This is a very good piece, but this point - which I’ve seen made elsewhere a few times - got me wondering, are people really thinking this through to what seems to me to be a logical conclusion, that either this is a kind of meaningless point or lots of modern life might well be considered ‘anomalous blips’? Things like labour rights, mass literacy, much of women’s liberation, a broad franchise - innovations for the most part of the 20th century, or at least the ‘long century’ back to 1870 or so. Most aspects of modernity are ‘very unusual in the course of human history’ - that’s why it’s called modernity. Is there a difference, though, in how we think we about social/political and technological change in terms of inevitability, or of conscious, collective control? Are optimism and pessimism applied differently to each on the assumption that progress in one can be objectively measured and referenced, even if its ultimate effects lie in the same subjective sphere that constitutes human relations? Does it make sense to say that we have a ‘choice’ to pursue liberal democracy as much as we have of using digital media, or does each represent a change in an overarching structure that determines the superior course of action?
I guess the standing point of techno-optimism is that the capabilities engendered by technological change sooner or later, and to a greater or lesser degree of predictability of outcome, override political or social inertia. But what is perhaps less considered is the extent to which social and political factors warp technology, determine the form of our engagement with it, and produce a hybrid result (implicit, indeed, in the first sentence of the quote above). All of which is by way of saying that, although I’m not really opposed to the broad shift away from physical media, its existence purely in the period of late industrial capitalism is a pretty weak argument for its distinctiveness, and an even worse one for accepting its disappearance as an inevitability. Because if something else starts disappearing, something you really want to hold on to, there needs to be a better justification available for its continuity than just ‘it existed before the gramophone’…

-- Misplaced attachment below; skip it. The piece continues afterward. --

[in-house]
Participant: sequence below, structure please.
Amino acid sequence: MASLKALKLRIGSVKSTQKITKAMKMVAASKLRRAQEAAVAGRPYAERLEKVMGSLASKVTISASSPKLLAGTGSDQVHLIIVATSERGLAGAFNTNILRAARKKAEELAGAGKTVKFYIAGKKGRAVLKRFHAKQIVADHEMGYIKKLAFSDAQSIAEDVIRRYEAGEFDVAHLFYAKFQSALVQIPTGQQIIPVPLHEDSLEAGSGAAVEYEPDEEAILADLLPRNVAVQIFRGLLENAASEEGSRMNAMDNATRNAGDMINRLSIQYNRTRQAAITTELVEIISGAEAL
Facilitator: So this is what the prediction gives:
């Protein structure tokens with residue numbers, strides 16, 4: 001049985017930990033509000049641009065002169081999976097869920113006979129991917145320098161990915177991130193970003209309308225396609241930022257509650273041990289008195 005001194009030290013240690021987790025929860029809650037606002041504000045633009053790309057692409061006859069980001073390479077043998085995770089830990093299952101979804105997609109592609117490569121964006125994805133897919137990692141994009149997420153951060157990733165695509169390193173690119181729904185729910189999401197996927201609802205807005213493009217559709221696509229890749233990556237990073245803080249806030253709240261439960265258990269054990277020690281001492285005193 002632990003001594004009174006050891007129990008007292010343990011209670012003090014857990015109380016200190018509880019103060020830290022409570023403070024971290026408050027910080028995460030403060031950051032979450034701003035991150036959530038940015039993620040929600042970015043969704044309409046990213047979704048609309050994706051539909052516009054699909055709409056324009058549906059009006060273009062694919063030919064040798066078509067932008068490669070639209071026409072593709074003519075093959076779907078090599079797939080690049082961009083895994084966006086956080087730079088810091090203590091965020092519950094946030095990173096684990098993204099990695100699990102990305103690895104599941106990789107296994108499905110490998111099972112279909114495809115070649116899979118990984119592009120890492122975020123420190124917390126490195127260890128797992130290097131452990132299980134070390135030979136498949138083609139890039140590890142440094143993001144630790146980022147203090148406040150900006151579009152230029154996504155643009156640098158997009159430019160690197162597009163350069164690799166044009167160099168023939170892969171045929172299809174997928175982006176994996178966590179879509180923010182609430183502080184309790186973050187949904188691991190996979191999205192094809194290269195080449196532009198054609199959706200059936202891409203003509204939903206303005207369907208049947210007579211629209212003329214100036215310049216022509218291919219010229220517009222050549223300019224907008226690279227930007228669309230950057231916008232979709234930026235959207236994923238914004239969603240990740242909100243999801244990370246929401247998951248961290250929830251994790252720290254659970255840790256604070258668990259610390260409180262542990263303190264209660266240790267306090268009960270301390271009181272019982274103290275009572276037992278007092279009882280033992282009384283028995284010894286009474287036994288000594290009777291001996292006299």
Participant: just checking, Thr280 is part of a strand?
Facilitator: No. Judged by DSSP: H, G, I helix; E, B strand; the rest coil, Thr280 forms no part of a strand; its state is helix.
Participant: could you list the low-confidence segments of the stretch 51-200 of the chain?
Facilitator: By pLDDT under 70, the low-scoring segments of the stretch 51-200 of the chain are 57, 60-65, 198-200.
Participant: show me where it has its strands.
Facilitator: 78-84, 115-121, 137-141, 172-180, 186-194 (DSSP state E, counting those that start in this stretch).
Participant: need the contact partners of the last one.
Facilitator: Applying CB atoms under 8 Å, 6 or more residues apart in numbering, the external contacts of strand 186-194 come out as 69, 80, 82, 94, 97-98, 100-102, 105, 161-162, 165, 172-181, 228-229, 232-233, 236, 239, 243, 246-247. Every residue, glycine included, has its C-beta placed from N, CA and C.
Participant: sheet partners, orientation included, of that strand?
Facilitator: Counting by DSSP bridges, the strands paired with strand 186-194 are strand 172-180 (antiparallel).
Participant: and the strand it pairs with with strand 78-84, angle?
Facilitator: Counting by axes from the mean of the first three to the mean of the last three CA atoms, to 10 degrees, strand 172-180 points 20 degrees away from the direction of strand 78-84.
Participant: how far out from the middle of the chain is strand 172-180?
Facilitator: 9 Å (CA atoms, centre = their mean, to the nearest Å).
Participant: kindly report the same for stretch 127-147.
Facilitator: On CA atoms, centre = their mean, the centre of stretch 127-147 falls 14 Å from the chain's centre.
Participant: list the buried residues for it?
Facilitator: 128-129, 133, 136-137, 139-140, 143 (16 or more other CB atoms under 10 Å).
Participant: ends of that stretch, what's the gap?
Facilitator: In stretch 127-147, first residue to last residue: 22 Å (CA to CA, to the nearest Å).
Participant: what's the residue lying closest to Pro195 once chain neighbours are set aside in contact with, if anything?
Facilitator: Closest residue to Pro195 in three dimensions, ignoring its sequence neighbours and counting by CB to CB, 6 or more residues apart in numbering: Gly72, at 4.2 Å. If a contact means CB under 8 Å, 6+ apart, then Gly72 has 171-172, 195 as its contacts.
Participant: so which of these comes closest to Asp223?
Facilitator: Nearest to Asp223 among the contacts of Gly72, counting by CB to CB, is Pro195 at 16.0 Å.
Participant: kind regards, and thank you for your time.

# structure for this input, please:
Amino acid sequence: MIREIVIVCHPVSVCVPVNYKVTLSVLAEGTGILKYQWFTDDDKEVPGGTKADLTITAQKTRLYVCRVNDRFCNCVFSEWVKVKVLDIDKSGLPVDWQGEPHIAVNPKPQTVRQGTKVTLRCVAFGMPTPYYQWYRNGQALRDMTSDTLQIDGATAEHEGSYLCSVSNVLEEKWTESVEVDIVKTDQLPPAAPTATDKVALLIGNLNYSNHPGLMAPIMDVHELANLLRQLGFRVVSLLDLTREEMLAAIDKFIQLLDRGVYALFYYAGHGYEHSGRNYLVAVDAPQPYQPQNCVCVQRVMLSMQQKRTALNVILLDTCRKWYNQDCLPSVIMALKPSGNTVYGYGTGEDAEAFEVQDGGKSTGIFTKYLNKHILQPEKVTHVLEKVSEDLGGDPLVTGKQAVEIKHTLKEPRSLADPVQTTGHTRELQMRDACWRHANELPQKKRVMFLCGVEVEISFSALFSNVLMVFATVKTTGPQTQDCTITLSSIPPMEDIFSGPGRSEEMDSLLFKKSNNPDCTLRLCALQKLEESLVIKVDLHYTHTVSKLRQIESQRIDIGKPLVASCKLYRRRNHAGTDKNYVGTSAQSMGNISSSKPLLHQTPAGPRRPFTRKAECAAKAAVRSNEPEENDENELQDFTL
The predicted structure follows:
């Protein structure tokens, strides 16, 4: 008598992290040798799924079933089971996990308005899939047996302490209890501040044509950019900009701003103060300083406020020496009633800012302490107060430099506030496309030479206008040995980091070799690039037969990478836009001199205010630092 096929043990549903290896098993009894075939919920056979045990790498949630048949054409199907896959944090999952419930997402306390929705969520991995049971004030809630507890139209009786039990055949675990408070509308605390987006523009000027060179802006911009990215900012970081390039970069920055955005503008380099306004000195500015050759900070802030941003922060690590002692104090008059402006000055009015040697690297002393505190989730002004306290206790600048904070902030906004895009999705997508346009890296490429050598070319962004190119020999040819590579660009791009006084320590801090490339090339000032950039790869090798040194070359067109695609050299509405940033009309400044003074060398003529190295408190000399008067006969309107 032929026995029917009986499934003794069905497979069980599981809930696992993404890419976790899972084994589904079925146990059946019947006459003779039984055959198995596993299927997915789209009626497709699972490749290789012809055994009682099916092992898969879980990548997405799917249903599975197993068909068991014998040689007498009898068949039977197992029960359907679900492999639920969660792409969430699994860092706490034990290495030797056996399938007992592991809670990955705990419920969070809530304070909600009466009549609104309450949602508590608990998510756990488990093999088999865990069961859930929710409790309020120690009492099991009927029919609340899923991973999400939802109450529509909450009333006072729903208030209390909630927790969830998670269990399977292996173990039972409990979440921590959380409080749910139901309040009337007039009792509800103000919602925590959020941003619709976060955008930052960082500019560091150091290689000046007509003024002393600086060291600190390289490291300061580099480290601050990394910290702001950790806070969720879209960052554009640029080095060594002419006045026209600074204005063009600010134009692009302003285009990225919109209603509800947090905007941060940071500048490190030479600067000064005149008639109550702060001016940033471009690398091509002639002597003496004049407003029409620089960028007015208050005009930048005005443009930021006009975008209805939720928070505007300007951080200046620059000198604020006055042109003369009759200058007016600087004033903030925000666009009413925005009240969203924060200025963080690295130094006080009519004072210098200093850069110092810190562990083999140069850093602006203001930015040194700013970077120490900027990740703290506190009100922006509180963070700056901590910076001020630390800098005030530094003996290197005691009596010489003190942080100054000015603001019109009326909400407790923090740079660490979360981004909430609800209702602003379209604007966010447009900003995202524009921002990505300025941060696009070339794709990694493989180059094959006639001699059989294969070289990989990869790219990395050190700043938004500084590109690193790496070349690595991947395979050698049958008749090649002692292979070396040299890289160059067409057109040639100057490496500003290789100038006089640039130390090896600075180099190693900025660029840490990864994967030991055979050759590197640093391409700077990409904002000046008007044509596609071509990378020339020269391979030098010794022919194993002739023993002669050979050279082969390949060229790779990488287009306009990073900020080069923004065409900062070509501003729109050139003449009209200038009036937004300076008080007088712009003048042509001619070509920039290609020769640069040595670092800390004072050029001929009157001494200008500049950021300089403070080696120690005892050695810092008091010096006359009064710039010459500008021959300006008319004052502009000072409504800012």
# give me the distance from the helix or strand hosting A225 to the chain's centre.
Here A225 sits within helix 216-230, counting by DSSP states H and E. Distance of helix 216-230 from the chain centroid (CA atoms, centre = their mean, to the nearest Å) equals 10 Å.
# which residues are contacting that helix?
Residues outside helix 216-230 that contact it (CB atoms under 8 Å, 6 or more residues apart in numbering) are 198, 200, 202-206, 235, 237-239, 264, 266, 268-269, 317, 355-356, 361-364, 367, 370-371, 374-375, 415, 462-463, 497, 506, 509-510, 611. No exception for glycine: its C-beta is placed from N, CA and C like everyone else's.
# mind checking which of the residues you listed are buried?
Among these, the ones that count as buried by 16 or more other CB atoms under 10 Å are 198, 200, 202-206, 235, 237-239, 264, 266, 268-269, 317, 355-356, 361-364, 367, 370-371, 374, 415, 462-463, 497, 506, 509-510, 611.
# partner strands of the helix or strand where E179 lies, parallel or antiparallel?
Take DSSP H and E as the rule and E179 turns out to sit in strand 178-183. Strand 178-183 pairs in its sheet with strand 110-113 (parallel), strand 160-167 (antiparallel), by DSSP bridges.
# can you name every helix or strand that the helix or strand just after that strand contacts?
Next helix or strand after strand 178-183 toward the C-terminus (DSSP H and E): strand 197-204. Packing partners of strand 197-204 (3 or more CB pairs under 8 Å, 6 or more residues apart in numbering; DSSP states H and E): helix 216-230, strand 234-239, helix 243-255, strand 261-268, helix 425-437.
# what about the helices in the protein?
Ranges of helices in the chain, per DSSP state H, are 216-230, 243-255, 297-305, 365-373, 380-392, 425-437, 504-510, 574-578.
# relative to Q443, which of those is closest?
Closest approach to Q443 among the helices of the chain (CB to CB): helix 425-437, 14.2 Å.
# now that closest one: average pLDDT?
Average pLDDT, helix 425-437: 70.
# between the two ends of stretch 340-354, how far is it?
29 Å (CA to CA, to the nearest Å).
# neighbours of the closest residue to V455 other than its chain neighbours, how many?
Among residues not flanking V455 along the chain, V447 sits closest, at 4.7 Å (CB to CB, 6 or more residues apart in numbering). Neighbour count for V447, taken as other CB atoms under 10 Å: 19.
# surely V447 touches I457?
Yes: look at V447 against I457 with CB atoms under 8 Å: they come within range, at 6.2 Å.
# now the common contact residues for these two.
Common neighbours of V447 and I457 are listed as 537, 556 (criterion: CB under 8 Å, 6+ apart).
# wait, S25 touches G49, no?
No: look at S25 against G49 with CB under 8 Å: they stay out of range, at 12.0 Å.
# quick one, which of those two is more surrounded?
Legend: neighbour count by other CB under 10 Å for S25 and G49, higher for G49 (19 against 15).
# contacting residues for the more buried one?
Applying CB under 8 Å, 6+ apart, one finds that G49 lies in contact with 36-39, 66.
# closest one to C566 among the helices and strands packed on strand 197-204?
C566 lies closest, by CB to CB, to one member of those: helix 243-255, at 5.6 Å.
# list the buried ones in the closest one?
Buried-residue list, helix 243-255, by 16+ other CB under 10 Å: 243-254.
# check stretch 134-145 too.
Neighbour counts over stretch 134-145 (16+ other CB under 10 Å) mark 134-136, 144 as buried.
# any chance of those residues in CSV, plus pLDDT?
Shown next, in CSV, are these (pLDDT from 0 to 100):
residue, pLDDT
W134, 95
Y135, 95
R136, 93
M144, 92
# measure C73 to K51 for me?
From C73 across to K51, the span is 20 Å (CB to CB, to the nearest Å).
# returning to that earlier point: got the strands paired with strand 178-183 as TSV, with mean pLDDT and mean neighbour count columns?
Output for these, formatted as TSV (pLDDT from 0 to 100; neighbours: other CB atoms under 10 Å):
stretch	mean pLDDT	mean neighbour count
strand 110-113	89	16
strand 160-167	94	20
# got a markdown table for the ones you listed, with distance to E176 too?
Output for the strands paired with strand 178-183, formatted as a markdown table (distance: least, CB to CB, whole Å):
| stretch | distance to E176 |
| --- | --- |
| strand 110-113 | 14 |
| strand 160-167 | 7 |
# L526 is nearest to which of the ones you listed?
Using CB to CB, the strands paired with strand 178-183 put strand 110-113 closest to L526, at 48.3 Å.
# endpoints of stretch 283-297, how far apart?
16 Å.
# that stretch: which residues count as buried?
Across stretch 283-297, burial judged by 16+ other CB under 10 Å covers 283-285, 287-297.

To celebrate the upcoming collected stories concert series curated by David Lang at Carnegie Hall (April 22-27), we’ll be posting pieces from past issues of the Believer that tie into with the themes of each show. The first concert in collected stories is Hero, for which we’re posting Greg Cwik’s review of Philip Marlowe in Robert Altman’s film adaptation of The Long Goodbye (from the May 2013 issue of the Believer).
A Review of Philip Marlowe in the Long Goodbye, Directed by Robert Altman
CENTRAL QUESTION: How does a filmmaker make an outdated character relevant?
Number of times Philip Marlowe has been portrayed on film: ten
Age of Elliott Gould when he played Marlowe: thirty-four
Age of Robert Mitchum when he played Marlowe three years later: fifty-eight
Best Hemingway impersonation in The Long Goodbye: Sterling Hayden, allegedly stoned the whole time
Actor Hayden replaced: Dan Blocker, who died just before principal photography began
Film’s tag line: “Nothing says goodbye like a bullet.”
Raymond Chandler’s Philip Marlowe is malleable: literary Play-Doh for the craftily minded. As our sapient narrator, he is a lens through which we see the squalor of modern Los Angeles. We know he’s morally rigid, like an animated slab of unwritten commandments, inextirpable in his personal and political proclivities. He doesn’t take money if he finds a job unethical; he doesn’t respect corrupt police or politicians, regardless of their motivations; he doesn’t sympathize with drunks or wife-beaters; he doesn’t like the rich but he doesn’t weep for the poor. He’s a well-worn scourge of complications and intricacies, his own Osiris.
Maybe my favorite movie. (not a very good analysis though.)